This invaluable website provides weather forecasts for more than 11,300 (and growing) major summits for climbers and mountaineers, with up to 5 different elevations per peak and updated hourly.
You can search by name of mountain, by range, by country, or by map. They go about six days out, and while you and I both know a lot can happen in six days weather-wise, it’s nice to be able to get an idea of coming trends, even if the specific forecast shifts day by day. You can expand the view of each day’s forecast to go from am/pm/night to every three hours, to hourly.
The forecast for each mountain gives the following, in your toggle-choice of metric or imperial:
- Temperature (high and low, with a separate column adjusted for wind chill)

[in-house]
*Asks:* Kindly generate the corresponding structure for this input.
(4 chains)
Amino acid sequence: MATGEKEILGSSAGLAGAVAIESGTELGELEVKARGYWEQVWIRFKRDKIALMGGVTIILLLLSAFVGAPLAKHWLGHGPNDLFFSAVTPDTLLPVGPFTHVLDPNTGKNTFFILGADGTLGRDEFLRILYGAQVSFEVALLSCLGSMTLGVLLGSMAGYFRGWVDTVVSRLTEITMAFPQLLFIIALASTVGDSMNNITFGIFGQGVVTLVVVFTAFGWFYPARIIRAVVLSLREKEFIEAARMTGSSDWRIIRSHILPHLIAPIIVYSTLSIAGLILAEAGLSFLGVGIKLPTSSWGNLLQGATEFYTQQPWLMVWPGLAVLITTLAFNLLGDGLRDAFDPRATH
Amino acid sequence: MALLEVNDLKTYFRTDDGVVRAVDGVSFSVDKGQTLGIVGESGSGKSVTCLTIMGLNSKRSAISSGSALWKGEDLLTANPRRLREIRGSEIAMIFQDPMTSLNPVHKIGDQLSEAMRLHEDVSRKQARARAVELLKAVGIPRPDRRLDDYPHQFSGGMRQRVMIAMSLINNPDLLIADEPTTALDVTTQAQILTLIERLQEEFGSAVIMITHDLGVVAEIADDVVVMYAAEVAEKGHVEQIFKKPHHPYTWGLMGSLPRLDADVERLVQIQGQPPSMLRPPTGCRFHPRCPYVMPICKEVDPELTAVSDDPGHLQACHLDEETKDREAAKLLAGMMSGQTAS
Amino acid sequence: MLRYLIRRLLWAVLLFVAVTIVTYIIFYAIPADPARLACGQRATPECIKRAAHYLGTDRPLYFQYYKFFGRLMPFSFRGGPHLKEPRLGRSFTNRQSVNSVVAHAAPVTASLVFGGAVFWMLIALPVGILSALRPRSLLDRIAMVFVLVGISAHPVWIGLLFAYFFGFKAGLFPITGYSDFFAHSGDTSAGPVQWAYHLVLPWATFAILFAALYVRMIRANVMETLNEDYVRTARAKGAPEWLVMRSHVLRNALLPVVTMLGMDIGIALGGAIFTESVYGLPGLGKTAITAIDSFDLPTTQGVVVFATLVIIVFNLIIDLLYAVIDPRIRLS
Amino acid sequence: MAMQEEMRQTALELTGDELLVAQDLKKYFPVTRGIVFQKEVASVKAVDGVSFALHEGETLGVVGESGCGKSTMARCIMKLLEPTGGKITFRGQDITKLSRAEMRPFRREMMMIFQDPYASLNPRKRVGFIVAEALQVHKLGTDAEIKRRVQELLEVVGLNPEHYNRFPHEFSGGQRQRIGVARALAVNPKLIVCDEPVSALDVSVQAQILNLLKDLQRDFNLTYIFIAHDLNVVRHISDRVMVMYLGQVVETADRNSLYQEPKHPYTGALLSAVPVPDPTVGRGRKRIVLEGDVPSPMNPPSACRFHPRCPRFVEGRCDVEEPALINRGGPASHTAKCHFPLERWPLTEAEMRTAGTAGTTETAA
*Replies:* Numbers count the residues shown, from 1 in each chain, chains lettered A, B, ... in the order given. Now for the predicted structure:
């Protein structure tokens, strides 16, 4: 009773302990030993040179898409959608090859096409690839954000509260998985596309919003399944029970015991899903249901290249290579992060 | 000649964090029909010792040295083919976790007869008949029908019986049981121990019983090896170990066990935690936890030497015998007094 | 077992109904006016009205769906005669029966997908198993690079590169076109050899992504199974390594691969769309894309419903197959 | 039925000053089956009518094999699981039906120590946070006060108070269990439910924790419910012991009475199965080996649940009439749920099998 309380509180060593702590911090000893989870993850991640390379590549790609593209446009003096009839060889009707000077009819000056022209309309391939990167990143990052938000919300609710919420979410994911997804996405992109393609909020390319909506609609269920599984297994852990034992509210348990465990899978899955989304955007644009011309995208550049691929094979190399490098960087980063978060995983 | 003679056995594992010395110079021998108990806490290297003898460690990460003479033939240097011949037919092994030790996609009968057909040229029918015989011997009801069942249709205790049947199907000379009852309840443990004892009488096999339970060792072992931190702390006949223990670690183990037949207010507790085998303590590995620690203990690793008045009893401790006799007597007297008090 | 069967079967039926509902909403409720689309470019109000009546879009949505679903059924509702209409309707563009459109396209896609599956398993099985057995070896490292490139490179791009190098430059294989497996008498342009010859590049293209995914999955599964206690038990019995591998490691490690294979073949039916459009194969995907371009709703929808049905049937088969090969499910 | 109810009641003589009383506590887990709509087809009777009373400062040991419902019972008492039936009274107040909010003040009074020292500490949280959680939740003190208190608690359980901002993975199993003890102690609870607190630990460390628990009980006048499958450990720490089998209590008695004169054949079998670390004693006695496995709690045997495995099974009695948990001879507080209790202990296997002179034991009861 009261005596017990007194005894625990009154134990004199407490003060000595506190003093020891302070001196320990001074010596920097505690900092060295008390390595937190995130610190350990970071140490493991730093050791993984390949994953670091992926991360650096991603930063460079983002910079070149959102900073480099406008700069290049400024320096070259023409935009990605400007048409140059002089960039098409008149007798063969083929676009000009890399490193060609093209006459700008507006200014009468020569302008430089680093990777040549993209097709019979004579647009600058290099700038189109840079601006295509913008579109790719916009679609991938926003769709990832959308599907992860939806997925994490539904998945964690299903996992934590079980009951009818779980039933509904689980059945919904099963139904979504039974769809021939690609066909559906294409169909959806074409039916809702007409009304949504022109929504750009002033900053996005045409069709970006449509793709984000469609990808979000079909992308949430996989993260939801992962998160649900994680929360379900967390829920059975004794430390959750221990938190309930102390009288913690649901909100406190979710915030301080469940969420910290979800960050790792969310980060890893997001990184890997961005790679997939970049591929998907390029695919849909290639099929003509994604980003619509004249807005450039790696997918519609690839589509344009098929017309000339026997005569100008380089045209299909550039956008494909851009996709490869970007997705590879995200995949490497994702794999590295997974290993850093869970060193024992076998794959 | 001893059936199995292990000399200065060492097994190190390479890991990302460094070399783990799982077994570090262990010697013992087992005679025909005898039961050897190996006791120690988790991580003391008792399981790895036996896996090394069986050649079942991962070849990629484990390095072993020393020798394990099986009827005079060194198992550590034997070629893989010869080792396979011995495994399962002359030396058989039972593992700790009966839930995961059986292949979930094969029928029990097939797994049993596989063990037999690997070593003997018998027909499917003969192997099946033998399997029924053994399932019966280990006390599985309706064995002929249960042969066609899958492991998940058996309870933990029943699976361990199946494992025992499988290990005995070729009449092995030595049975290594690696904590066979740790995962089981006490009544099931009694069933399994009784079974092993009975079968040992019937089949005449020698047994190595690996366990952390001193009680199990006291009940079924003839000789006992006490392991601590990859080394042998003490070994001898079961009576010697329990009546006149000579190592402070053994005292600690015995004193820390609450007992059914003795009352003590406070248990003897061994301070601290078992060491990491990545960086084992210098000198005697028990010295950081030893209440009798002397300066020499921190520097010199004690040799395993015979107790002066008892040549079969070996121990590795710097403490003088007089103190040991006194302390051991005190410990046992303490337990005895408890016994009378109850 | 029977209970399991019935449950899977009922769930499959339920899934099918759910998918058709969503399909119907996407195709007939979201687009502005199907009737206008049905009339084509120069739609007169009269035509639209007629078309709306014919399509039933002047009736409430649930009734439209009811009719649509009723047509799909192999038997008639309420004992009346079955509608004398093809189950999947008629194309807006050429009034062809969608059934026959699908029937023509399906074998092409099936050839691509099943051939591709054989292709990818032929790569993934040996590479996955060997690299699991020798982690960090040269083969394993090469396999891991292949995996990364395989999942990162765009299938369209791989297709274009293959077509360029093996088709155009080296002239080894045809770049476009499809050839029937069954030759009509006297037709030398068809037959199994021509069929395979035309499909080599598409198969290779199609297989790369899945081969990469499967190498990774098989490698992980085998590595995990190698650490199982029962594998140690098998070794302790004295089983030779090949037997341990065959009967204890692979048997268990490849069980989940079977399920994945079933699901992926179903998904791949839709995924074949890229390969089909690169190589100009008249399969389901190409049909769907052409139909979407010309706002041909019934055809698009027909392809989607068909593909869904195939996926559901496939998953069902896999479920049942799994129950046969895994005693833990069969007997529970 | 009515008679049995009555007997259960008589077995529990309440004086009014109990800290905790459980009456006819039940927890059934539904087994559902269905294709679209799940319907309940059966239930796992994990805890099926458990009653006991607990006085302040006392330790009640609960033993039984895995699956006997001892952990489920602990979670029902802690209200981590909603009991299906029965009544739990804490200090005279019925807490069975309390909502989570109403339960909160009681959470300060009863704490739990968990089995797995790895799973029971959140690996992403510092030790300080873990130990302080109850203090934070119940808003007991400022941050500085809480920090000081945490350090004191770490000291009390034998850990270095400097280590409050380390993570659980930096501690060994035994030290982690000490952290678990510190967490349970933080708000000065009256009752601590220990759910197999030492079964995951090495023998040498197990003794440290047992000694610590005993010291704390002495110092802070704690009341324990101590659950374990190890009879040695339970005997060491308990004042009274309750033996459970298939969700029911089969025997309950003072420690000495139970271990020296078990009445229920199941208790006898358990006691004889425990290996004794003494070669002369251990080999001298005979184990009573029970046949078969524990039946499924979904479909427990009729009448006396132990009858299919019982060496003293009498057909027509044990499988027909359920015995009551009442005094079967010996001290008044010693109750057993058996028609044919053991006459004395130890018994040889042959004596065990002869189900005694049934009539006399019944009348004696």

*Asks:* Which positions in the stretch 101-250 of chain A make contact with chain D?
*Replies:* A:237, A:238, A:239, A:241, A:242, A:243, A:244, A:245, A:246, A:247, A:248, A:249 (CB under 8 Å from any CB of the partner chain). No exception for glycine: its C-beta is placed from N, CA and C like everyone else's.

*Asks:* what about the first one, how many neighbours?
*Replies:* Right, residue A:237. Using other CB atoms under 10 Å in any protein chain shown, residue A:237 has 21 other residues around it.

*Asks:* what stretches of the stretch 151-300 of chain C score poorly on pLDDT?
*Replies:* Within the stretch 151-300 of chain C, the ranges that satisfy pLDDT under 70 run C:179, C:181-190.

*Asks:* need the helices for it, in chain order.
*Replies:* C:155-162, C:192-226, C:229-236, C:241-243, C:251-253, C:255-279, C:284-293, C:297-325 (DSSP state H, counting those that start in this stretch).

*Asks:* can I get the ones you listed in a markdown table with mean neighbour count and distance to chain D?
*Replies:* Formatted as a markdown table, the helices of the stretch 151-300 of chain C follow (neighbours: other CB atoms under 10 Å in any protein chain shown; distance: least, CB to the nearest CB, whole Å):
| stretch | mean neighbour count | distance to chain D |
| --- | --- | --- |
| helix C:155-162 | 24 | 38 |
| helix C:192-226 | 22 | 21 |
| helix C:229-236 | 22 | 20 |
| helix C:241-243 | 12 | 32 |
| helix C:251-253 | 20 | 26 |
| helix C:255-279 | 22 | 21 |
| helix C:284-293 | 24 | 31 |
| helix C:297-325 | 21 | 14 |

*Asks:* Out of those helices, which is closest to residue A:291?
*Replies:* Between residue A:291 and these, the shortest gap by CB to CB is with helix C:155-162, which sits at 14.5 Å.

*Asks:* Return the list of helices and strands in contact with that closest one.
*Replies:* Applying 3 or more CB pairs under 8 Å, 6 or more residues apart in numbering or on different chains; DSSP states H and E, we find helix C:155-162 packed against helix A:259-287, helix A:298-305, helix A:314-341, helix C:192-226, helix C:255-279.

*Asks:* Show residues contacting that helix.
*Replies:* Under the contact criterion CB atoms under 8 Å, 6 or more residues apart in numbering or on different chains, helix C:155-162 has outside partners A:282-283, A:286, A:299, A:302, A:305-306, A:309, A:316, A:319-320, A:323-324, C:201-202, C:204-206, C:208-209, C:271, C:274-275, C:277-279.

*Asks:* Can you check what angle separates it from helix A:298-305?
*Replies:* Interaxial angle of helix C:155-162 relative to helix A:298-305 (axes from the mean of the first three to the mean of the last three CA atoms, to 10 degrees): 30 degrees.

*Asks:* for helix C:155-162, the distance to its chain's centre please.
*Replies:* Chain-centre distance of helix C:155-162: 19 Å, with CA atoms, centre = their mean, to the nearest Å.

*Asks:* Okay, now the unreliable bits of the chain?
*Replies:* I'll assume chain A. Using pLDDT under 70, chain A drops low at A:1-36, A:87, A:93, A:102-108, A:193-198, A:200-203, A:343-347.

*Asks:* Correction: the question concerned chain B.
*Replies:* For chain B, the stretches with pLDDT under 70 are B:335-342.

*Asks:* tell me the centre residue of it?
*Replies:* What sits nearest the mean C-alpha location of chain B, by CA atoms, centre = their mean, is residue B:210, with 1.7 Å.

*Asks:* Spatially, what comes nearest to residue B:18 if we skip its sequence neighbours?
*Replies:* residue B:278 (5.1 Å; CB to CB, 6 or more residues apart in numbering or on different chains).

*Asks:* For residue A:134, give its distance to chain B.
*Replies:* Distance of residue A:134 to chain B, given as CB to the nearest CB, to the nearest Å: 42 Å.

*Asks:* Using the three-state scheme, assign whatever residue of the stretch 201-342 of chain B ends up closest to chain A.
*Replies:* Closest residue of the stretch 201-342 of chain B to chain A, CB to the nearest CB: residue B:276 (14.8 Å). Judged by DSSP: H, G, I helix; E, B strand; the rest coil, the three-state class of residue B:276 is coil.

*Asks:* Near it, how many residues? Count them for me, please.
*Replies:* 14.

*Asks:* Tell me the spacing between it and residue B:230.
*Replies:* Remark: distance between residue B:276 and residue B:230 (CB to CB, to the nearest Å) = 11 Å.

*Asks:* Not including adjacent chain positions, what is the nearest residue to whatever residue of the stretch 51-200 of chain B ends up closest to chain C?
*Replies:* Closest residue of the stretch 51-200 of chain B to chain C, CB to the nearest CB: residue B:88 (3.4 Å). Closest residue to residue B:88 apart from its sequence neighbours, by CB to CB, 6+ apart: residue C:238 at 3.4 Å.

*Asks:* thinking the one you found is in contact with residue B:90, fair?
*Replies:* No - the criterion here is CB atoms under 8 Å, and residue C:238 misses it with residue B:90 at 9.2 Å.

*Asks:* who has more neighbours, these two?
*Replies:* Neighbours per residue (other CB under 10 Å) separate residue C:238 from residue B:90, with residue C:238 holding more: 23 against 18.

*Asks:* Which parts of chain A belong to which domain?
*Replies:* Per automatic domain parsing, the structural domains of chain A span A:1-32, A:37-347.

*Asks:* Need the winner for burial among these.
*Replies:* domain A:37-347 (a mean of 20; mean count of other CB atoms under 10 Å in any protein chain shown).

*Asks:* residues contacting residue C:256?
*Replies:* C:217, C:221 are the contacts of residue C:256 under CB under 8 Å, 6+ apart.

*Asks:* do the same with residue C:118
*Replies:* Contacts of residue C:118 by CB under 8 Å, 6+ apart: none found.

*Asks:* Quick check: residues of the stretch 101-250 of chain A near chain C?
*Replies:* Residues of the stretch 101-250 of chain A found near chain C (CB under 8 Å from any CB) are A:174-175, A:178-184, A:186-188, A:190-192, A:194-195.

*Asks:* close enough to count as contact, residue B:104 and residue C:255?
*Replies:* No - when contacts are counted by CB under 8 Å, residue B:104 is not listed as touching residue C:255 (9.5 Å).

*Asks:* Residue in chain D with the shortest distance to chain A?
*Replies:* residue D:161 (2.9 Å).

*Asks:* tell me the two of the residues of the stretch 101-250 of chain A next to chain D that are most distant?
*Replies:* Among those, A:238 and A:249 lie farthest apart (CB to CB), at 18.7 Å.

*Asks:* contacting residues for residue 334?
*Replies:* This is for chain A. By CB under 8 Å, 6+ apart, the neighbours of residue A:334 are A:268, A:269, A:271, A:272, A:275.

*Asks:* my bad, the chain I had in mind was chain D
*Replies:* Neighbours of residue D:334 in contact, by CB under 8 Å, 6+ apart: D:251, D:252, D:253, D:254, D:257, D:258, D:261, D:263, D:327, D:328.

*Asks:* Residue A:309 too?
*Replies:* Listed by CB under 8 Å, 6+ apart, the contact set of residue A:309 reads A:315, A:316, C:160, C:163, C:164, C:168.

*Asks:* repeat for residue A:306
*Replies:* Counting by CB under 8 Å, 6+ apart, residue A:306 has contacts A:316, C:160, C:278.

- Wind speed (with a handy green, yellow, red rating system for at-a-glance checks or those new to the game that don’t know what 5 vs. 20 vs. 50 mph feels like)
- Precipitation (if there will be rain or snow, and if show many inches)
- The freezing level (aka the 0° isotherm, represents the altitude in which the temperature is at 0° — the freezing point of water — in a free atmosphere)
This is the one I pull up a couple weeks before a big climb and start my ritual of refreshing and obsessing. I have been known to check in while hiking to see if those dark clouds are still just the ones that were predicted or if the forecast had shifted to rain. I can’t recommend this site enough.
Wendy Harrington is a California native who has lived in a small town at the foothills of the Cascade Mountains in Washington state since 2001. Her love of trail running and peakbagging has led her to summit all five Washington volcanoes, climb to the high points of three states, and put nearly a thousand miles a year on her boots. Her loves include ridgelines, saddles, granite, one-day pushes on big mountains, anything volcanic, long solo days, and objectives that push limits and test endurance.